is proving to be an unconscionably long lifetime I have discovered that,
particularly where political issues are concerned, outcomes are very rarely as good
as optimists had hoped – but are even less frequently as bad as pessimists had
feared. I do remember though how, in Germany in the late 1920s and early '30s, many people first dismissed Hitler as a funny little man with a Charlie
Chaplin moustache and some really daft ideas – a bit of a fruit-cake in
fact. Later, major German industrialists
and traditional military leaders thought they could control him and use him for
their purposes – but he and his brown-shirted followers controlled and used
them – and the Third Reich was born. I
hope that I didn’t spend seven years of my late teens and early twenties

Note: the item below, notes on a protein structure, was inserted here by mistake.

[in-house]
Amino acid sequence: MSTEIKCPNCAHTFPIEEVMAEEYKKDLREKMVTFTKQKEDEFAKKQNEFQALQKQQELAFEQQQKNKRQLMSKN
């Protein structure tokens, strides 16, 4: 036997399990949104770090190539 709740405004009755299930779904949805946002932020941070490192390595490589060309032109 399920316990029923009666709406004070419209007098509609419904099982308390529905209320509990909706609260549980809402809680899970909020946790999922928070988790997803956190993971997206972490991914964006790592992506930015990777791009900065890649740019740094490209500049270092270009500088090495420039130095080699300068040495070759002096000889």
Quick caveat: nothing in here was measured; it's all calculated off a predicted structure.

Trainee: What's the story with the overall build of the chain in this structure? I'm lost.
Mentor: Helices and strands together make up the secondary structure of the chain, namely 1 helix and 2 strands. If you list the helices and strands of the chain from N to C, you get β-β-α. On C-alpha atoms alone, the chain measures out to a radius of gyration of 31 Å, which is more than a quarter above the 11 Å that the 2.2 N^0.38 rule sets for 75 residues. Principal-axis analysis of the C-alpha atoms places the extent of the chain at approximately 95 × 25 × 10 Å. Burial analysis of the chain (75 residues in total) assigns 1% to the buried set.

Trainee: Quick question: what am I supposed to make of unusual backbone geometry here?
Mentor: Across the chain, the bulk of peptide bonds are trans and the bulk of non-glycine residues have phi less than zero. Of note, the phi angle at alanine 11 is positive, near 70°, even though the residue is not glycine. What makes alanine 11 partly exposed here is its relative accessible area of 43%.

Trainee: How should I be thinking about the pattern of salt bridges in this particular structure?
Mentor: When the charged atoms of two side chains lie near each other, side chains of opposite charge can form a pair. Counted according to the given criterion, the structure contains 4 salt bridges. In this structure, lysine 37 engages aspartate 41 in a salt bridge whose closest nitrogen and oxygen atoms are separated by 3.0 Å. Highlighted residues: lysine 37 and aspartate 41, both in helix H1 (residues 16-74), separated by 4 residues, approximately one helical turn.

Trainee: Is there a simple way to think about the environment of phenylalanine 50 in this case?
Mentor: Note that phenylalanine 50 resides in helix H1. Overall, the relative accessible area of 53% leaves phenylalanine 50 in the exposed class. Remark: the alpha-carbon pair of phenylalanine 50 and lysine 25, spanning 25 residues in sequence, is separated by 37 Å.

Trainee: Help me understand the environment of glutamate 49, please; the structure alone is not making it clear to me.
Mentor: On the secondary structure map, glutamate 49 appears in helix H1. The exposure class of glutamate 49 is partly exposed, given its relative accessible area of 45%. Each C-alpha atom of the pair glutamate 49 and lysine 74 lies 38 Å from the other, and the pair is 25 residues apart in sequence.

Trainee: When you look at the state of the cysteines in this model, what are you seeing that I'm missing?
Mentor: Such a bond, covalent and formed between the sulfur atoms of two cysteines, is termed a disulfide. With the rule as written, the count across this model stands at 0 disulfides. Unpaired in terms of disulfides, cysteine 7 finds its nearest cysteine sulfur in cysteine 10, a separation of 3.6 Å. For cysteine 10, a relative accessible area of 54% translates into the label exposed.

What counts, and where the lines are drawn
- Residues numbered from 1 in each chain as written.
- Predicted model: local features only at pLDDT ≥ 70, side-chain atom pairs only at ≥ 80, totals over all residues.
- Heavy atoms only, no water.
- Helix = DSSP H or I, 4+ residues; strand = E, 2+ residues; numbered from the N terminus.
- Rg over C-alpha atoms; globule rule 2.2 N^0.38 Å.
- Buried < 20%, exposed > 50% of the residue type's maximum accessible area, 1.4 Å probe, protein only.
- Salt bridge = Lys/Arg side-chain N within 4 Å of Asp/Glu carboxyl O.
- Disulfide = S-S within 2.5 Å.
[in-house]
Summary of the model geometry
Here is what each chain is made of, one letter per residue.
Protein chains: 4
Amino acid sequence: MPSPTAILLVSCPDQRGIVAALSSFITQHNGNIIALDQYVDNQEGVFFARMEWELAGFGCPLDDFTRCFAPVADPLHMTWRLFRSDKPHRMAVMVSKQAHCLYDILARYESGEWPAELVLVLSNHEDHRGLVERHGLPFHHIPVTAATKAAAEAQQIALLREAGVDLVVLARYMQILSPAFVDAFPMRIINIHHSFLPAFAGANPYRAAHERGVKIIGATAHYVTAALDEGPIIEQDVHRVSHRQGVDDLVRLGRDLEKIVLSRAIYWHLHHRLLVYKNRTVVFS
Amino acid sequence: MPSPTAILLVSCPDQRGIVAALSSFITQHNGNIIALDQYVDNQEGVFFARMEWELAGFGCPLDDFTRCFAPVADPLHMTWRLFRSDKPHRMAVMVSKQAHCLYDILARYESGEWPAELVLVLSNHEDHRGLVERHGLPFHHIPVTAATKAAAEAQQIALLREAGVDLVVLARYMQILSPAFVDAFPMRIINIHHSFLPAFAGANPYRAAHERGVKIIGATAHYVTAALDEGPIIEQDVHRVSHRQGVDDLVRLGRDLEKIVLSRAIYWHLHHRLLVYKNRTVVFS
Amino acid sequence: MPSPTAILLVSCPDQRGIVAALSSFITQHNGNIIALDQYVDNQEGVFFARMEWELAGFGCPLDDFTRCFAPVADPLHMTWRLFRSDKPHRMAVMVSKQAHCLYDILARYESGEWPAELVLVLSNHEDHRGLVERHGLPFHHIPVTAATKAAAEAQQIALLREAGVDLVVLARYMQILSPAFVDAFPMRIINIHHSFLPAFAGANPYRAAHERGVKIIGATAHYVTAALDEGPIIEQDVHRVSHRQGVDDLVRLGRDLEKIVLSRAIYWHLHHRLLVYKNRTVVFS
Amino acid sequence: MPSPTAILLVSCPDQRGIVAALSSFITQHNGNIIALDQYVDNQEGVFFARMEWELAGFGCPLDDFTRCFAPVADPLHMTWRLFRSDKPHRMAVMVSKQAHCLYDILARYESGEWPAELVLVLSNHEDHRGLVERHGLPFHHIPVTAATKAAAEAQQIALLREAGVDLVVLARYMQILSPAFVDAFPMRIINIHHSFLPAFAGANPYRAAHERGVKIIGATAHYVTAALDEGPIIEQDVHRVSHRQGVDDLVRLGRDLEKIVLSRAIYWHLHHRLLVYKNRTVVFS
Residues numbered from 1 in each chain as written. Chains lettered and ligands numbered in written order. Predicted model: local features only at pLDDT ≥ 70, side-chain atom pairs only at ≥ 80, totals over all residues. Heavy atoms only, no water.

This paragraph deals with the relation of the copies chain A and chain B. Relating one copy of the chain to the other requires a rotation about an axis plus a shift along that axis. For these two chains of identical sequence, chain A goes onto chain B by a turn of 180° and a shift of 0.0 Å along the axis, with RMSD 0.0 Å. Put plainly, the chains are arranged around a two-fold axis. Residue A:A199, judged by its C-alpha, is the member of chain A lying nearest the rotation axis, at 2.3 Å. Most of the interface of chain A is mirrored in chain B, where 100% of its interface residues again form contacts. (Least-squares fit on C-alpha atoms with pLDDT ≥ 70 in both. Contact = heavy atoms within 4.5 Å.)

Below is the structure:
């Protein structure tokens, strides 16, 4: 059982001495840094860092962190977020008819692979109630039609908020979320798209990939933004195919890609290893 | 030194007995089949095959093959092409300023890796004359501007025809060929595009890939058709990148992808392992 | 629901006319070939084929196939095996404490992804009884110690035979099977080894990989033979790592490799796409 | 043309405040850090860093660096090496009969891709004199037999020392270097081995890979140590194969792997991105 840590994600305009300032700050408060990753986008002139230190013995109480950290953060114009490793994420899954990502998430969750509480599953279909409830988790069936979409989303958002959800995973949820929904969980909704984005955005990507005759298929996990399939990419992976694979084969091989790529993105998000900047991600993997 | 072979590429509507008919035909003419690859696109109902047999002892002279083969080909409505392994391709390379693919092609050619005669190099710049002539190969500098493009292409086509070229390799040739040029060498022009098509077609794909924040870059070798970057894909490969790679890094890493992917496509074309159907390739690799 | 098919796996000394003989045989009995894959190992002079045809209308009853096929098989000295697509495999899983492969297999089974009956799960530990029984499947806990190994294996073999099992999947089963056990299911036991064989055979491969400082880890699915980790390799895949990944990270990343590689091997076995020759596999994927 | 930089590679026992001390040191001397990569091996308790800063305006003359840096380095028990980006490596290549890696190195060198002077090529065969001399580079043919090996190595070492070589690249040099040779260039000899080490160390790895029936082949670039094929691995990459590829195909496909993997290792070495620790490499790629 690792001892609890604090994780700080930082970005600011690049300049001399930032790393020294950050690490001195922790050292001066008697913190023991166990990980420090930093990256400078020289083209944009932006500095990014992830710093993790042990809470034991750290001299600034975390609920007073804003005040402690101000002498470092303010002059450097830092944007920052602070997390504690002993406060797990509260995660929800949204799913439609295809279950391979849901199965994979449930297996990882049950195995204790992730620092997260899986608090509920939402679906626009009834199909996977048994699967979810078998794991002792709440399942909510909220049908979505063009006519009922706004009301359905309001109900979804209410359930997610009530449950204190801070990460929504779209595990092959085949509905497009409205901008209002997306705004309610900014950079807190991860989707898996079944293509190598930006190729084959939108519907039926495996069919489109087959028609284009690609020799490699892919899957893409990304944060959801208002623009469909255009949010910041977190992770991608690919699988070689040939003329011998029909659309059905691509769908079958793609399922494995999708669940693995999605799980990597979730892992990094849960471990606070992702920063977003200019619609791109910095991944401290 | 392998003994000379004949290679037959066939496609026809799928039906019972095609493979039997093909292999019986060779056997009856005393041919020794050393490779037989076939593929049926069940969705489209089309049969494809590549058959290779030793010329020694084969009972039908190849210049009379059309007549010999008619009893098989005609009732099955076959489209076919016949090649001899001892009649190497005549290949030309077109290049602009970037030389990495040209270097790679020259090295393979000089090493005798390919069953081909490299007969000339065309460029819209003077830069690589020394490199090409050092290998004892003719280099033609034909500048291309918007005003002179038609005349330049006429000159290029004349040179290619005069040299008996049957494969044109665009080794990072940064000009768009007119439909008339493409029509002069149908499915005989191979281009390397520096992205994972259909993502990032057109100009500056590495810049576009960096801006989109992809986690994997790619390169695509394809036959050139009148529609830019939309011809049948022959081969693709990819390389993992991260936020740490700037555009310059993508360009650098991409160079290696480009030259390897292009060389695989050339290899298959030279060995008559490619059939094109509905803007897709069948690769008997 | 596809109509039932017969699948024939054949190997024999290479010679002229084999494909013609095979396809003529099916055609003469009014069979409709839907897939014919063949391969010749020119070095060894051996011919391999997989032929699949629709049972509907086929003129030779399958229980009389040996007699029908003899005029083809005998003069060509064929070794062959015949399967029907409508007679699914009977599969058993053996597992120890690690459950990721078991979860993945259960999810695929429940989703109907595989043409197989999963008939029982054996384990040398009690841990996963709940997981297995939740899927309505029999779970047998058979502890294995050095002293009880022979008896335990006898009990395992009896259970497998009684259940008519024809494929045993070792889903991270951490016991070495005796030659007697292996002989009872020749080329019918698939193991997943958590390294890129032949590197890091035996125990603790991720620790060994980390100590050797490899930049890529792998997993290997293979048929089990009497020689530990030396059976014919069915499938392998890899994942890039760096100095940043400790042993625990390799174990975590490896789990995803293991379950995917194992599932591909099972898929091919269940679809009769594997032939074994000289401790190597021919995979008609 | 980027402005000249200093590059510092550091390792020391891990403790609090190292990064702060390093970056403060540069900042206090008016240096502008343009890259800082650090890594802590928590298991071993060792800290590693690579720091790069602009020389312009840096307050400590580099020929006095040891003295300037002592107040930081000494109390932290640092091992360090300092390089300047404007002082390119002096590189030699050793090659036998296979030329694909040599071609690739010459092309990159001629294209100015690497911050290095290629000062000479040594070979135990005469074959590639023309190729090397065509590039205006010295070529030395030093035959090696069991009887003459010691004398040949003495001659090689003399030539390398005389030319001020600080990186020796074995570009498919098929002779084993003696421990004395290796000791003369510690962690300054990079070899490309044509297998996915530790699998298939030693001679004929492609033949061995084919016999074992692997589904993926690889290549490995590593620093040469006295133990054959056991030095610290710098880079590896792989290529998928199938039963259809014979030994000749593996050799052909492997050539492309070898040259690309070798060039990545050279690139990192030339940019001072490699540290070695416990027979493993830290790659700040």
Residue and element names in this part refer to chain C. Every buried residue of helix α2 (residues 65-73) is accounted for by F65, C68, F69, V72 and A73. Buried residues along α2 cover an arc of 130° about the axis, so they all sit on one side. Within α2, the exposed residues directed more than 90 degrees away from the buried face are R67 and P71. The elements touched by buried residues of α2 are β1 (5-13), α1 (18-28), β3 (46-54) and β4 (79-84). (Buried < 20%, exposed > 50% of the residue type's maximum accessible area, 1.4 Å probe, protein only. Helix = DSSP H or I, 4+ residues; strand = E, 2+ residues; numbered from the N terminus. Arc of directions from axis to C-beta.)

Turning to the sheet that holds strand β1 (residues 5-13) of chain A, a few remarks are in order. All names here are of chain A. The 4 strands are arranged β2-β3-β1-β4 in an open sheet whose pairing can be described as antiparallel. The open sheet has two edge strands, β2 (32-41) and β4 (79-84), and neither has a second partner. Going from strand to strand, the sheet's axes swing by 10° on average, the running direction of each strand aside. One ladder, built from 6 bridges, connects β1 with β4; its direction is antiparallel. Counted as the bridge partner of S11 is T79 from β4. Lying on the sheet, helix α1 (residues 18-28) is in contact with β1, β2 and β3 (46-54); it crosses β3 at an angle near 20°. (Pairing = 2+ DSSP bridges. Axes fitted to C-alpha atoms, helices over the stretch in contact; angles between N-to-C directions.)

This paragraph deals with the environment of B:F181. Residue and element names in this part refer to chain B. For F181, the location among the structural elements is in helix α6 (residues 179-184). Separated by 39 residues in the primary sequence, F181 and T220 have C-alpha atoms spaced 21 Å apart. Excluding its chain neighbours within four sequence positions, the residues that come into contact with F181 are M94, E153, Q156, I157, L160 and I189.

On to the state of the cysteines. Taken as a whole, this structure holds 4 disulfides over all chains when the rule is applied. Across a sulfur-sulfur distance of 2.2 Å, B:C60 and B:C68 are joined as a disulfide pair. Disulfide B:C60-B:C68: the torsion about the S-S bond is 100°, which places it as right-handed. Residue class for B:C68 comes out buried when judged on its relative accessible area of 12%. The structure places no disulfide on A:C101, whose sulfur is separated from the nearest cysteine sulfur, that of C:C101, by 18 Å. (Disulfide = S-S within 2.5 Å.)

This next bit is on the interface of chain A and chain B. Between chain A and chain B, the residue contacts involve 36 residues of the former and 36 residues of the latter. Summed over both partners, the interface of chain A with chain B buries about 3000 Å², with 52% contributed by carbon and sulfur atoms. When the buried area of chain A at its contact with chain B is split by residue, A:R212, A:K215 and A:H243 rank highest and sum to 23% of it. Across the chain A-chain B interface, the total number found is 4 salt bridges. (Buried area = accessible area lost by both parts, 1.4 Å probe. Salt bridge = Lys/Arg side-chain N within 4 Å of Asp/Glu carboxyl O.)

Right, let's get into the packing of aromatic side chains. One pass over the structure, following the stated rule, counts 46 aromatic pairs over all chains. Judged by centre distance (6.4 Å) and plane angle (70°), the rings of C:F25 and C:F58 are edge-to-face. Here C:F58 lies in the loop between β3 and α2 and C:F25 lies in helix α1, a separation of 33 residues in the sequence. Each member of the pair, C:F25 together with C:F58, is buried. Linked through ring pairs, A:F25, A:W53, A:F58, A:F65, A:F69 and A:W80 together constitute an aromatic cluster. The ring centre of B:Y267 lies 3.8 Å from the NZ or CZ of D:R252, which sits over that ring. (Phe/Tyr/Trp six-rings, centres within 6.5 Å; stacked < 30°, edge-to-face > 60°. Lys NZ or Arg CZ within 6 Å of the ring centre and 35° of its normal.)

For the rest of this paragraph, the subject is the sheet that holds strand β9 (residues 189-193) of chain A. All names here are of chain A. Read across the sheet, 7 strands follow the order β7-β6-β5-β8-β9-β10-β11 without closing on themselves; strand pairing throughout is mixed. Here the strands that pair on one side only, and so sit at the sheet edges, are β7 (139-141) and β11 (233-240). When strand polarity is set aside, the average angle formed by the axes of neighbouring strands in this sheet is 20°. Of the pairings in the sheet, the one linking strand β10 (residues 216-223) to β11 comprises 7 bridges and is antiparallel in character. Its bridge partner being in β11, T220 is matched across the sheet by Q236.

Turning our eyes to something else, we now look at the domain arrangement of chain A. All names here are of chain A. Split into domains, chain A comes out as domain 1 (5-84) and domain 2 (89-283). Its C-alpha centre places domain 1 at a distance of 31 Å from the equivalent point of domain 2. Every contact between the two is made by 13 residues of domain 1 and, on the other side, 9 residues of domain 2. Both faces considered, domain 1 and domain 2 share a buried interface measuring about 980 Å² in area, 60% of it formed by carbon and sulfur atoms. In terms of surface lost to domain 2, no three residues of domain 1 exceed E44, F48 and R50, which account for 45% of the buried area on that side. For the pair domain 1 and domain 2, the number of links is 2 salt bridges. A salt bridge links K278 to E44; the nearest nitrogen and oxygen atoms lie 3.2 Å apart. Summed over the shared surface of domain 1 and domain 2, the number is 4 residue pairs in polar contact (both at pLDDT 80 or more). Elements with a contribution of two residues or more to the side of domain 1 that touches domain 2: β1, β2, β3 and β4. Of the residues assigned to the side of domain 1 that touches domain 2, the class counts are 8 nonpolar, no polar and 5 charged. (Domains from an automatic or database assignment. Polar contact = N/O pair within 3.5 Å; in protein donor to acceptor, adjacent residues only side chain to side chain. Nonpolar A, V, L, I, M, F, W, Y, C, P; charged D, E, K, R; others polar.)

playing a tiny role in the destruction of that Third Reich, only to live to see
comparable developments in 21st century Britain!
Our own by-election
The possibility that Ukip could develop into an Anglicised NAZI Party and its leader into an Anglo-Saxon Adolf Hitler will certainly be in my mind when I place my cross on the ballot paper on 9th October. United Kingdom Independence Party sounds innocent enough, and Nigel Farage seems a pleasant enough fellow – enjoying a fag and a drink, and not a bit like everyone’s idea of a scheming politician. Quite so, but then who would have expected the mildly cranky National Socialist German Workers’ Party to become a movement of extreme right-wing nationalist thugs prepared to use any means – mass murder, torture, genocide – to achieve their ends. Hitler too; we think of him as being an unscrupulous raving rabble-rouser, but he had an unquestionably magnetic personality and could be good company when he chose to be. Certainly he too was no-one’s idea of a scheming politician.